Russia’s invasion of Ukraine threatens to reshape the world, carving two rival camps out of today’s highly interconnected international order. On one side would be Russia and its “strategic partner” China. On the other would be the US and also a Europe that has tended to consider its relationship with China primarily in terms of commerce.
Just over a week ago such a scenario might have been seen as paranoid. But so much has changed since Vladimir Putin launched a full-scale attack on Ukraine that a return to cold war dynamics, more complex than 30 years ago, seems in prospect.
Already, the sanctions on Russia imposed by the US, EU and UK are unprecedented. They include planned measures against leading figures – including Putin himself – as well as sanctions on Russia’s central bank and the removal of some of its lenders from the Swift payments system. Other nations also announced moves.
In this context, China’s role is crucial. Beijing should be aware that a failure to condemn Russia risks portraying China as an enemy in the eyes of European powers. That may sound extreme, but is in fact logical when Putin is issuing veiled nuclear threats.
So far, China’s statements suggest a clear affinity with Russia, in spite of signs that it may be growing cooler towards its neighbor. China should follow through with urgency on signals this week that it is ready to play a role in finding a ceasefire. It should also make clear that it condemns Russia’s killing of civilians. If it does not, the west may regard it as complicit in slaughter.
Hua Chunying, spokesperson for Beijing’s foreign ministry, declined to describe Moscow’s attack as an invasion. Before the fighting started, Hua also described the US as the “culprit” in the crisis, “heightening tensions, creating panic and even hyping up the possibility of warfare”.
At the Winter Olympics, Putin met with Xi Jinping, China’s president, and declared that their countries’ friendship had “no limits”, with no forbidden areas of co-operation. Beijing abstained from a draft UN resolution last week that would have deplored Russia’s invasion of Ukraine – though it did not join Moscow’s veto.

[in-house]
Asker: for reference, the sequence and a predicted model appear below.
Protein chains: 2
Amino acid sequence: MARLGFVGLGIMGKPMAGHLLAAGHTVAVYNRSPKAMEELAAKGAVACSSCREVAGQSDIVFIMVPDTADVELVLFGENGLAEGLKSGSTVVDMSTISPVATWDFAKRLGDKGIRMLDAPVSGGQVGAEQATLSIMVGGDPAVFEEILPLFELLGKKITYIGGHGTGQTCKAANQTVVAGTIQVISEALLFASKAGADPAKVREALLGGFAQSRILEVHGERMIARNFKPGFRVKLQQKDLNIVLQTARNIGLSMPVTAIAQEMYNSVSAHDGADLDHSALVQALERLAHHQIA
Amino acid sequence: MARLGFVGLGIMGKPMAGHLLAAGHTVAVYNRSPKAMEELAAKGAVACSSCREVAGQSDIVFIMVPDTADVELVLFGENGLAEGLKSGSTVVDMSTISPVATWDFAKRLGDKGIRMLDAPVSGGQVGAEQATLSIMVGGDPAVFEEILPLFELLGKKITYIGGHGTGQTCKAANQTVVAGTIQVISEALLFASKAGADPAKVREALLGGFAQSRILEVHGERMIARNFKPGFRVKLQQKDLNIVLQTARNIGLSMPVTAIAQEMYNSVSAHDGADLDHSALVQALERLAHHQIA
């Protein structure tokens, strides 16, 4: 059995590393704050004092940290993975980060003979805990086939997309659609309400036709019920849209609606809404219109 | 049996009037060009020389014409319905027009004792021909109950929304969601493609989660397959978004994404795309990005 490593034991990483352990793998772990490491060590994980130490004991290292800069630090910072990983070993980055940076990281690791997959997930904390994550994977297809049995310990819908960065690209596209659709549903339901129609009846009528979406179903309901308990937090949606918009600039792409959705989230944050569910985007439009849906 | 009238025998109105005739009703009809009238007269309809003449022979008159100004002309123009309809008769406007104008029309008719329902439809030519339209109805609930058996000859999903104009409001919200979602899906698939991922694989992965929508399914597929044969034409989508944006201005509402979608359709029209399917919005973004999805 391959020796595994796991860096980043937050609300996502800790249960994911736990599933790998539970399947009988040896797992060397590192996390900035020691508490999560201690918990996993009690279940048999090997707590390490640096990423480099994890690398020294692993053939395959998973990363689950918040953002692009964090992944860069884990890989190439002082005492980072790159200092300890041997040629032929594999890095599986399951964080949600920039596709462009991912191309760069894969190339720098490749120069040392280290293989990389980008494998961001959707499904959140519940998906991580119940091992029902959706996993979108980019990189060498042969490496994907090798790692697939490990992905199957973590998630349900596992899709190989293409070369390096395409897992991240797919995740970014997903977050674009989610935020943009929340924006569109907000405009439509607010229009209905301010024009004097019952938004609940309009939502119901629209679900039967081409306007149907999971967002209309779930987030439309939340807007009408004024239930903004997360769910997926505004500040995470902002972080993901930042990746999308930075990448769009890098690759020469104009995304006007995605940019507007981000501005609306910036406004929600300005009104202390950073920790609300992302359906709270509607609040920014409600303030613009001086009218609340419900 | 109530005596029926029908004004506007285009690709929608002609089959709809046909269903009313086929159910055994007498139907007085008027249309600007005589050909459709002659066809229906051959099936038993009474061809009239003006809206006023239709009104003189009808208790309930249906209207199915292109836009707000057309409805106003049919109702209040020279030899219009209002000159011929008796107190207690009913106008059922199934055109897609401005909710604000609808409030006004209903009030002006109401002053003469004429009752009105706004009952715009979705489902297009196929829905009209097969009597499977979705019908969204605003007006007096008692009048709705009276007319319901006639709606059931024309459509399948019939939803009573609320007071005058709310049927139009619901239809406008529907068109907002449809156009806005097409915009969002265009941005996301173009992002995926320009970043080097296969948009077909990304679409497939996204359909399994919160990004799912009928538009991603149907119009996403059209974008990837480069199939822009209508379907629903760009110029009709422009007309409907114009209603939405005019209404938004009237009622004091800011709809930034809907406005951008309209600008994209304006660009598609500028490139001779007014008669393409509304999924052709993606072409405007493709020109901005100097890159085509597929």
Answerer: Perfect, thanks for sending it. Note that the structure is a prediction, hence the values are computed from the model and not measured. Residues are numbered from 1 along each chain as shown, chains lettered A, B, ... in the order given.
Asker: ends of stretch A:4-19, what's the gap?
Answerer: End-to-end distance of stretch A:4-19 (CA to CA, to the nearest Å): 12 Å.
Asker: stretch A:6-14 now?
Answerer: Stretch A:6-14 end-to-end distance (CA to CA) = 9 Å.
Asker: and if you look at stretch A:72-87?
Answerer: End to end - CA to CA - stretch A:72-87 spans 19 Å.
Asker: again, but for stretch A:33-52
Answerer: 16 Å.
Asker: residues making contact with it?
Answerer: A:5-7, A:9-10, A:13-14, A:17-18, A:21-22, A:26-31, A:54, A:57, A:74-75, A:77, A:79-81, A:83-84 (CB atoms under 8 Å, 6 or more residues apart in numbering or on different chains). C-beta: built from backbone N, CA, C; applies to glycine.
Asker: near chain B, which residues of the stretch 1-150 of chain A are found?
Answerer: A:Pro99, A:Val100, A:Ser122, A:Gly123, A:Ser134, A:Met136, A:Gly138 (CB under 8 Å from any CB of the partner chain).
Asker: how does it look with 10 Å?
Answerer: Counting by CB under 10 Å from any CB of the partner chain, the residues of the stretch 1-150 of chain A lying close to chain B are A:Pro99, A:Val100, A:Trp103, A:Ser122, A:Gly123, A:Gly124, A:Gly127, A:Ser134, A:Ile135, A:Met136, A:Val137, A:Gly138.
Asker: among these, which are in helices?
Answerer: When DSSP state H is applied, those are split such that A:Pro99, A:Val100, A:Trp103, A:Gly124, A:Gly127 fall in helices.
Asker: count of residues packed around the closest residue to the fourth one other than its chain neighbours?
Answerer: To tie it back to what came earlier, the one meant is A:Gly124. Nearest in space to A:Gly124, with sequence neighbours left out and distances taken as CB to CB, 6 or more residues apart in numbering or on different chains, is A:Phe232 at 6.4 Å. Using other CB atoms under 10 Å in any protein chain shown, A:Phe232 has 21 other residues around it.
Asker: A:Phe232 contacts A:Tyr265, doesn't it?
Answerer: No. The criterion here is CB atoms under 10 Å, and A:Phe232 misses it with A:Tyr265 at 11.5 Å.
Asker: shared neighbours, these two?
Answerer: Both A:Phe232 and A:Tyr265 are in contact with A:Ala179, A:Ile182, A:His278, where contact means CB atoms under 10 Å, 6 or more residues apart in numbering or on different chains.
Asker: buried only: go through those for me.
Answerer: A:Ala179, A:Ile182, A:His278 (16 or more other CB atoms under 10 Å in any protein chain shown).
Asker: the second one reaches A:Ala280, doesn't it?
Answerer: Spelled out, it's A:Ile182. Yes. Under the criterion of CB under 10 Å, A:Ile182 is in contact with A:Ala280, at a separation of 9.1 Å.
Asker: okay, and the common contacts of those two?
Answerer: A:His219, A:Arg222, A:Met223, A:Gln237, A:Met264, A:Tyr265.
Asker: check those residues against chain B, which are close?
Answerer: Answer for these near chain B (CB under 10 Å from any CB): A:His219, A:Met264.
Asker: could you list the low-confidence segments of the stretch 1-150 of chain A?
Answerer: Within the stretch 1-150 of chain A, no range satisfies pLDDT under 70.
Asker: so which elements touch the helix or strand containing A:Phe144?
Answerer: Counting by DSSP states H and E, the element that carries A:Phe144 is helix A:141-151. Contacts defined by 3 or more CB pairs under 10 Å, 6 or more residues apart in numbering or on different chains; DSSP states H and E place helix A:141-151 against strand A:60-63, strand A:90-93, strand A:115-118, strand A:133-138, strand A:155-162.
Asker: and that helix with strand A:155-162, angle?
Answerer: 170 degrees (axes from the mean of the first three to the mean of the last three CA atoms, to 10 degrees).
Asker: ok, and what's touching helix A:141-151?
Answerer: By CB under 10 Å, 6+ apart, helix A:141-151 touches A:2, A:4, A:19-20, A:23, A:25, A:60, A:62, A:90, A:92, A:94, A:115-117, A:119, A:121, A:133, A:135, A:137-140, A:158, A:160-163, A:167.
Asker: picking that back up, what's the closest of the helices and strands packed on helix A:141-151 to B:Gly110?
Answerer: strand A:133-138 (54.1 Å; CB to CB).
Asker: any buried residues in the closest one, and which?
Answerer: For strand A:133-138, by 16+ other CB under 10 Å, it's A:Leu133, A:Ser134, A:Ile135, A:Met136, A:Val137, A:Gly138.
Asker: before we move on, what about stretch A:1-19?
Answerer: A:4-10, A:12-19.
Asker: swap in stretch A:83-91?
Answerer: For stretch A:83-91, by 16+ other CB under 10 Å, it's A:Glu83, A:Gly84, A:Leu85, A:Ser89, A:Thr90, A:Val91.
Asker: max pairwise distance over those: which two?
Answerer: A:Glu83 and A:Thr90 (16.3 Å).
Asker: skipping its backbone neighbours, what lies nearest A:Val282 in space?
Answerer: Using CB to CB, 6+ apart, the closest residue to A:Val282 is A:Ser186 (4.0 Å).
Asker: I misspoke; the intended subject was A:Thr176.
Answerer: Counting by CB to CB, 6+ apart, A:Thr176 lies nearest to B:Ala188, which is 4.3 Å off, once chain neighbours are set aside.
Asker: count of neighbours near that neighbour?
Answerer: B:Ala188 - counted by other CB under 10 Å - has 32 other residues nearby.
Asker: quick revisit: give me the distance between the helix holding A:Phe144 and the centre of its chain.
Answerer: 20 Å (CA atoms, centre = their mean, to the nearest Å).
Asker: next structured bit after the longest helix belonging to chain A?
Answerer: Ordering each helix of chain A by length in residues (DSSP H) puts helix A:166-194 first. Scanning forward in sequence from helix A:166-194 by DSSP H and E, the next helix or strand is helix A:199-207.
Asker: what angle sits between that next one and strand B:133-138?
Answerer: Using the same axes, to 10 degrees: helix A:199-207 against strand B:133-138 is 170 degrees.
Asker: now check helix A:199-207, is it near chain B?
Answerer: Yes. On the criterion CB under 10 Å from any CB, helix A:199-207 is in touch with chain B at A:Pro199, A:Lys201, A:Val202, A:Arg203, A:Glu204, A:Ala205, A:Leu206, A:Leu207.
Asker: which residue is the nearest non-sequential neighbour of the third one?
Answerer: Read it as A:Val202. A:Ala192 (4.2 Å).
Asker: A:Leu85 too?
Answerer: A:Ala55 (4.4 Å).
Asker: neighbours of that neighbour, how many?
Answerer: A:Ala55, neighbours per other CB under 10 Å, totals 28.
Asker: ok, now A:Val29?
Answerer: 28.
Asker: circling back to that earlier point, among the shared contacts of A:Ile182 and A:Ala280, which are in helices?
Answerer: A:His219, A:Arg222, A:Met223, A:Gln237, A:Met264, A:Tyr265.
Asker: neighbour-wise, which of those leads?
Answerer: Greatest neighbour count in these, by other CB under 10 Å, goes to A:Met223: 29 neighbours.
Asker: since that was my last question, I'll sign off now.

The west’s focus now will be on whether and to what extent China steps up economic support for Russia, helping it to withstand sanctions. When Putin met Xi this month, the two sides signed a raft of deals, including a 30-year contract for Russia to supply gas to China via a new pipeline.
Yet Beijing should realize that if its state-owned banks provide direct support to sanctioned Russian lenders, they will risk western sanctions on their own international business. The fact that Ukraine’s invasion has not been the pushover Russia may have planned for should also be a salutary lesson for China when it comes to Taiwan.
More broadly, China’s general attitude in this crisis will do much to determine how it is viewed. The Ukraine crisis strikes a visceral chord, especially in Europe. A China that backs a brutal regime waging an unprovoked war with democratic Ukraine cannot be excused. Beijing should start clearly and deliberately setting limits on its ties with Putin’s Russia.
It should reflect that if cold war dynamics do start to take hold and China finds itself hemmed in to a Russia-China axis, it risks cutting itself off from the most lucrative trading relationships it has. Although its trade with Russia grew last year by 36 per cent to $ 147bn, this figure amounted to no more than one-tenth of its combined trade with the US and EU. For its own sake, Beijing should be wary of going too far in its support for Putin’s war.
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